Again, he was standing in the outback, lost and damaged, trying to find his way home. His life had become a strange merry-go-round. He laughed for a moment at the absurdity. Tears mixed with his sweat, his eyes stinging. He knew his identity, more than the last time he had been lost in the outback, at least.
It took under an hour before he stood at the side of a road. The sealed asphalt returned the heat double strength from the sun. In the distance a car changed gears while it made its way up the twisting highway into town.
He stepped back into the trees, hesitant to flag any car until he knew for sure that it wasn’t the people who wanted him dead. As it got closer he saw it to be an old utility truck. Panels scratched and metal rusting in small brown patches. He stepped onto the road and put out his hand, at least he could be sure this would just be a regular local.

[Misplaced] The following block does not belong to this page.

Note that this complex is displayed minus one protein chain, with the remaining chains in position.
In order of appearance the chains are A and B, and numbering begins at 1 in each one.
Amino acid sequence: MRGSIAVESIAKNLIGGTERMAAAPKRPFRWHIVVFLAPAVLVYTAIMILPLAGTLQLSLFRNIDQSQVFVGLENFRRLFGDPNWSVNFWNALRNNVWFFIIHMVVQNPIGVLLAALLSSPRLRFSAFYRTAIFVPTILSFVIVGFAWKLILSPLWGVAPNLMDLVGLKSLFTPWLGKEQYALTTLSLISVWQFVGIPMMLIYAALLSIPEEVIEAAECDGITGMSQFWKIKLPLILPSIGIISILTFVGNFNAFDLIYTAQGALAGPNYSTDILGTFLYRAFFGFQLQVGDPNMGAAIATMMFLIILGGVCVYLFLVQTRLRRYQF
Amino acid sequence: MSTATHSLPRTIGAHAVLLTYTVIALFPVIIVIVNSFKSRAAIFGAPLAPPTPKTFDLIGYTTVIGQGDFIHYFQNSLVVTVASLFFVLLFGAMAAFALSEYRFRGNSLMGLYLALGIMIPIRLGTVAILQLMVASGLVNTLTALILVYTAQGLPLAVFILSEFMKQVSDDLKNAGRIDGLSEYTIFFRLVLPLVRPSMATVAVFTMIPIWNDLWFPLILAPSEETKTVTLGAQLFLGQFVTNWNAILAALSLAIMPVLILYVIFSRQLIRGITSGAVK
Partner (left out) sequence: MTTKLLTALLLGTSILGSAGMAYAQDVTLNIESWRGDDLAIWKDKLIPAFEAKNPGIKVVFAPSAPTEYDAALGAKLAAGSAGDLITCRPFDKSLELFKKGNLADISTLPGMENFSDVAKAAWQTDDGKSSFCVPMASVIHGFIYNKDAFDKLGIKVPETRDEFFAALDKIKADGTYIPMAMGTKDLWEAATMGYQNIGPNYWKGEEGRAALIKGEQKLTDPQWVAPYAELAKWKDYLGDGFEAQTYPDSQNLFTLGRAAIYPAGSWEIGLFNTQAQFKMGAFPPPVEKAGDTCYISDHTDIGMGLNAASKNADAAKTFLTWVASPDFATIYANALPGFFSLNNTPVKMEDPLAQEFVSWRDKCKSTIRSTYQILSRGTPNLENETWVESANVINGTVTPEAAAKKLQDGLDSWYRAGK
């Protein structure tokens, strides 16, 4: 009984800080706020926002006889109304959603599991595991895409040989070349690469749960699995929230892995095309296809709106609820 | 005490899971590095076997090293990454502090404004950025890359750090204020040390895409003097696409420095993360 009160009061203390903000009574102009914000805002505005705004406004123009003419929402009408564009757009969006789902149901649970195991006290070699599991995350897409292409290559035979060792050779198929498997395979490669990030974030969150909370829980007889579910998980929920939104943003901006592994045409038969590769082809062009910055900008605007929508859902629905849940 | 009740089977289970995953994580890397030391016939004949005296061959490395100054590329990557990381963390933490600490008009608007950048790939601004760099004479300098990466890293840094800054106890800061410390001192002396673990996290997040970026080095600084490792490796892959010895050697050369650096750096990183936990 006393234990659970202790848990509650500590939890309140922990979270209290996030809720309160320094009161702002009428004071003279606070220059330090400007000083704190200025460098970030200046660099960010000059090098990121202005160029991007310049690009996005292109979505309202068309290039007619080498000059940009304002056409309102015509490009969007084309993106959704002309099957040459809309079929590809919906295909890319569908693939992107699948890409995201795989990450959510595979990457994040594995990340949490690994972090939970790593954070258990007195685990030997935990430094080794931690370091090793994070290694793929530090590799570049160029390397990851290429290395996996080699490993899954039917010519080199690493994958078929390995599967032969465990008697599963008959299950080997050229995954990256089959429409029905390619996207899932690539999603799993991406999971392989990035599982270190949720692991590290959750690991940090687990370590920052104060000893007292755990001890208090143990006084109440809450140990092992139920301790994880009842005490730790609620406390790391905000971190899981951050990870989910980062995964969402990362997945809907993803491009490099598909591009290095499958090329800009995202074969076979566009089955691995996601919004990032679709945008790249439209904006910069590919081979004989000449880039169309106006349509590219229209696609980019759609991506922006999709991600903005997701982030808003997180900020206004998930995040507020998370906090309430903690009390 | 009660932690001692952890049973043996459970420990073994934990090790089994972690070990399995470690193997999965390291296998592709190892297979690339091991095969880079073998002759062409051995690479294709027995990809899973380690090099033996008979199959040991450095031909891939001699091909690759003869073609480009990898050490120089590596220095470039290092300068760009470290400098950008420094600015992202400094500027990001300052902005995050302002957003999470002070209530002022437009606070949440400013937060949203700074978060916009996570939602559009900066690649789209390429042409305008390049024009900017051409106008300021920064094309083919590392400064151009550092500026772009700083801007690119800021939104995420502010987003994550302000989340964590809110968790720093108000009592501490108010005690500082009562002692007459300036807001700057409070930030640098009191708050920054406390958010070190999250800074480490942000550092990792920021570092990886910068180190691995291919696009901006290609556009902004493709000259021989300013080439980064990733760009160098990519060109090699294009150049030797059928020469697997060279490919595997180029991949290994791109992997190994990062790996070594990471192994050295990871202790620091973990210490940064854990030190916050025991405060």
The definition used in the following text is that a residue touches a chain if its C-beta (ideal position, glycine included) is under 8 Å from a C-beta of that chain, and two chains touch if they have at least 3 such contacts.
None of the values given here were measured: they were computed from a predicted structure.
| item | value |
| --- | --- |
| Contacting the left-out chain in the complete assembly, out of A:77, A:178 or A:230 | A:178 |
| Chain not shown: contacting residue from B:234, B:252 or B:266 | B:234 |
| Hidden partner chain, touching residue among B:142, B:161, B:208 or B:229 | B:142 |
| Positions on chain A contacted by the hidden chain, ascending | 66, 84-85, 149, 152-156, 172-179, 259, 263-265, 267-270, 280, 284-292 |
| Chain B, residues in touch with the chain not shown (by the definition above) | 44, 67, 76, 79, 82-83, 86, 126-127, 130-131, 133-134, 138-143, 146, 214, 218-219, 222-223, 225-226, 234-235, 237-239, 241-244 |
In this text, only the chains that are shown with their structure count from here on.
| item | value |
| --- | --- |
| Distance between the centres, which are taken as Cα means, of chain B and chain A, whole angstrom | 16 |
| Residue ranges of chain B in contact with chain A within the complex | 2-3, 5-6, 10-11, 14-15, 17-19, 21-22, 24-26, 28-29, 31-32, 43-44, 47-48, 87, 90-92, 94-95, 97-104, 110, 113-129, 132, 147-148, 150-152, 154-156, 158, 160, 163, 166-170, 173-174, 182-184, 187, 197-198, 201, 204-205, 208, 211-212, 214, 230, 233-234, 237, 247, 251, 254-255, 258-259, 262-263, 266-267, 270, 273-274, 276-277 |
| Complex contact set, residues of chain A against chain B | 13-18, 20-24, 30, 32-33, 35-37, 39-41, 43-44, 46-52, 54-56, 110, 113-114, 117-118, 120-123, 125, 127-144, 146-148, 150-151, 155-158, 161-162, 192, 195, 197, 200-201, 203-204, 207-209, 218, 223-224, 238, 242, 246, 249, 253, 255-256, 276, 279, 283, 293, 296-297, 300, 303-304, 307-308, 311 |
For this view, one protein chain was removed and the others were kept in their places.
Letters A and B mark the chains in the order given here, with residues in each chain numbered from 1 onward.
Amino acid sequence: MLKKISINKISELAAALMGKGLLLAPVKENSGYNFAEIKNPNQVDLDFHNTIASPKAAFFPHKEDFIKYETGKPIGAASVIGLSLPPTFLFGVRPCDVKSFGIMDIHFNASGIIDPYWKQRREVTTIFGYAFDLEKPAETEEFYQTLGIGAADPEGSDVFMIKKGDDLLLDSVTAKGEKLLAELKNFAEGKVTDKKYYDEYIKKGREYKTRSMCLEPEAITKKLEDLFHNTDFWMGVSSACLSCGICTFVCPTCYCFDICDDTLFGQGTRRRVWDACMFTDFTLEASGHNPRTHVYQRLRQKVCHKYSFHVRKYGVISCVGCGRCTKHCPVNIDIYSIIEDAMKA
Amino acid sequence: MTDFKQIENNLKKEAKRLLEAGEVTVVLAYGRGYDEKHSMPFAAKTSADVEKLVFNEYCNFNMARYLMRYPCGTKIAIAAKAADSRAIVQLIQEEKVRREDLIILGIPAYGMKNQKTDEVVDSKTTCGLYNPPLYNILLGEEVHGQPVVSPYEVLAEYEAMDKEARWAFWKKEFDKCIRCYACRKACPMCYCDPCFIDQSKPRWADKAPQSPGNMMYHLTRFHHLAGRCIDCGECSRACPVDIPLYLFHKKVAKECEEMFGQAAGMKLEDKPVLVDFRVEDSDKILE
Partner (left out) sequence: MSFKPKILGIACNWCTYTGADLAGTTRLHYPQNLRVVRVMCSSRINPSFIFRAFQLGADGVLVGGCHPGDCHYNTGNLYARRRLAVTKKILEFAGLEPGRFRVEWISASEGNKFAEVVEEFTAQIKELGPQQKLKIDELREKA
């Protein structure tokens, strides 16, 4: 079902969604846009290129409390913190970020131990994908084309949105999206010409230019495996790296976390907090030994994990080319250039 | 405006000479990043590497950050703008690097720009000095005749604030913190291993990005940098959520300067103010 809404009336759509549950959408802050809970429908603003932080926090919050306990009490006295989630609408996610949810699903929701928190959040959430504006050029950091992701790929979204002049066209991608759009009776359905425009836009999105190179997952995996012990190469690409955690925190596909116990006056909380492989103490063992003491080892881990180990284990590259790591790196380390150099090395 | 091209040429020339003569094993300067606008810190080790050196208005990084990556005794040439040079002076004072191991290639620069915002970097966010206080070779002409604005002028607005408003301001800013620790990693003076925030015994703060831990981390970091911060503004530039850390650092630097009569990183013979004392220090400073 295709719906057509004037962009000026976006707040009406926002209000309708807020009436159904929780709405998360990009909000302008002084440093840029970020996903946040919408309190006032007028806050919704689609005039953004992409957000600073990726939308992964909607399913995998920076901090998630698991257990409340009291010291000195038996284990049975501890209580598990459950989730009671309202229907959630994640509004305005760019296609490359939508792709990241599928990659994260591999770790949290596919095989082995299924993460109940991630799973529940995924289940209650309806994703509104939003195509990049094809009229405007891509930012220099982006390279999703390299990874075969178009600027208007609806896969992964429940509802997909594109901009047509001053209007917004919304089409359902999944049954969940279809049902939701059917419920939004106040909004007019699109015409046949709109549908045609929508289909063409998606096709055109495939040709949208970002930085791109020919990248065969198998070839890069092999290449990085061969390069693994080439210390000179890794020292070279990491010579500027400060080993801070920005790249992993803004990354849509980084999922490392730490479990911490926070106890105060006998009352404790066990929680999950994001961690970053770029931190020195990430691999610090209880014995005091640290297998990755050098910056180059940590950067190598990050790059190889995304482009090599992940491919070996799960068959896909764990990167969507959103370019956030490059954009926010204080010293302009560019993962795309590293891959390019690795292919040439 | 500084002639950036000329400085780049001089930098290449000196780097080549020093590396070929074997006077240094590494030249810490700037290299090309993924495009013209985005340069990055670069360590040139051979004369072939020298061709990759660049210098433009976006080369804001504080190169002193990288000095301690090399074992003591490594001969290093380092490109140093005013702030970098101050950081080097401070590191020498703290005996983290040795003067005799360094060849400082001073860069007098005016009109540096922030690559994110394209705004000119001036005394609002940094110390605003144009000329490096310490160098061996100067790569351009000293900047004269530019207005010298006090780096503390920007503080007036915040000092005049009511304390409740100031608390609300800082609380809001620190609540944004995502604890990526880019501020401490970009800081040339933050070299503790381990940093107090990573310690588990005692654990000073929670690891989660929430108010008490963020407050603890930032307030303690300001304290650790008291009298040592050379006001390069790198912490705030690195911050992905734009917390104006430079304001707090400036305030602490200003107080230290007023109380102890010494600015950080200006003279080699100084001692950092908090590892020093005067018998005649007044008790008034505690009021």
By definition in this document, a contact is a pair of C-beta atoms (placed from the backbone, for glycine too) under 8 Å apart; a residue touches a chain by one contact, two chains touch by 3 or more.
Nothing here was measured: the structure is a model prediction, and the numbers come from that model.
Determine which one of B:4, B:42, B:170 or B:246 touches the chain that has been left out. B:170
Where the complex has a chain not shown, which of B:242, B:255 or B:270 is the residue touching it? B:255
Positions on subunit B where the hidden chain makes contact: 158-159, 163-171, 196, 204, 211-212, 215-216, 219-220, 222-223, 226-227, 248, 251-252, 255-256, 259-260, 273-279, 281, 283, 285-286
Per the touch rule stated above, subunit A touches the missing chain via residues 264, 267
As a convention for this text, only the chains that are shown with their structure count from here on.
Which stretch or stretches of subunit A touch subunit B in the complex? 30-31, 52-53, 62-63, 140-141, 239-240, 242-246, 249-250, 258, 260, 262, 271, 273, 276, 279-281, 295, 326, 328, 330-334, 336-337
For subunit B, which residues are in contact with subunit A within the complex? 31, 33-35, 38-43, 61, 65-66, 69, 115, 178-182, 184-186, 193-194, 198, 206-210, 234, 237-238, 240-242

“It’s only a few minutes to the cop station from here,” the old man said changing down gears and pulling deep into the next turn. “I just wonder if the hospital would be the place you should be getting to first, son. Looks like someone’s put you through the ringer and shot you afterwards for good measure.”
Larry didn’t know the old man, but the man knew his brother. Most did, he had discovered, since Paul’s first novel had made it onto the shelves. He had slipped easily into the role as Kinglake’s celebrity, and openly adored the attention.
“So how’s that brother of yours going, has he written any more books yet?” the man asked, then continued without pause, “I don’t read myself, but the wife loves ’em.”
“I saw him working on something the other day, Larry said, “but I’ve no idea when he’ll be done. I can’t say I’ve read anything of his since the first book.”
“Right. So what do you do? Whatever it is, you should stop. Looks like it’s killing you.”
Larry couldn’t help but laugh. The old man laughed too although had begun laughing before even starting his joke.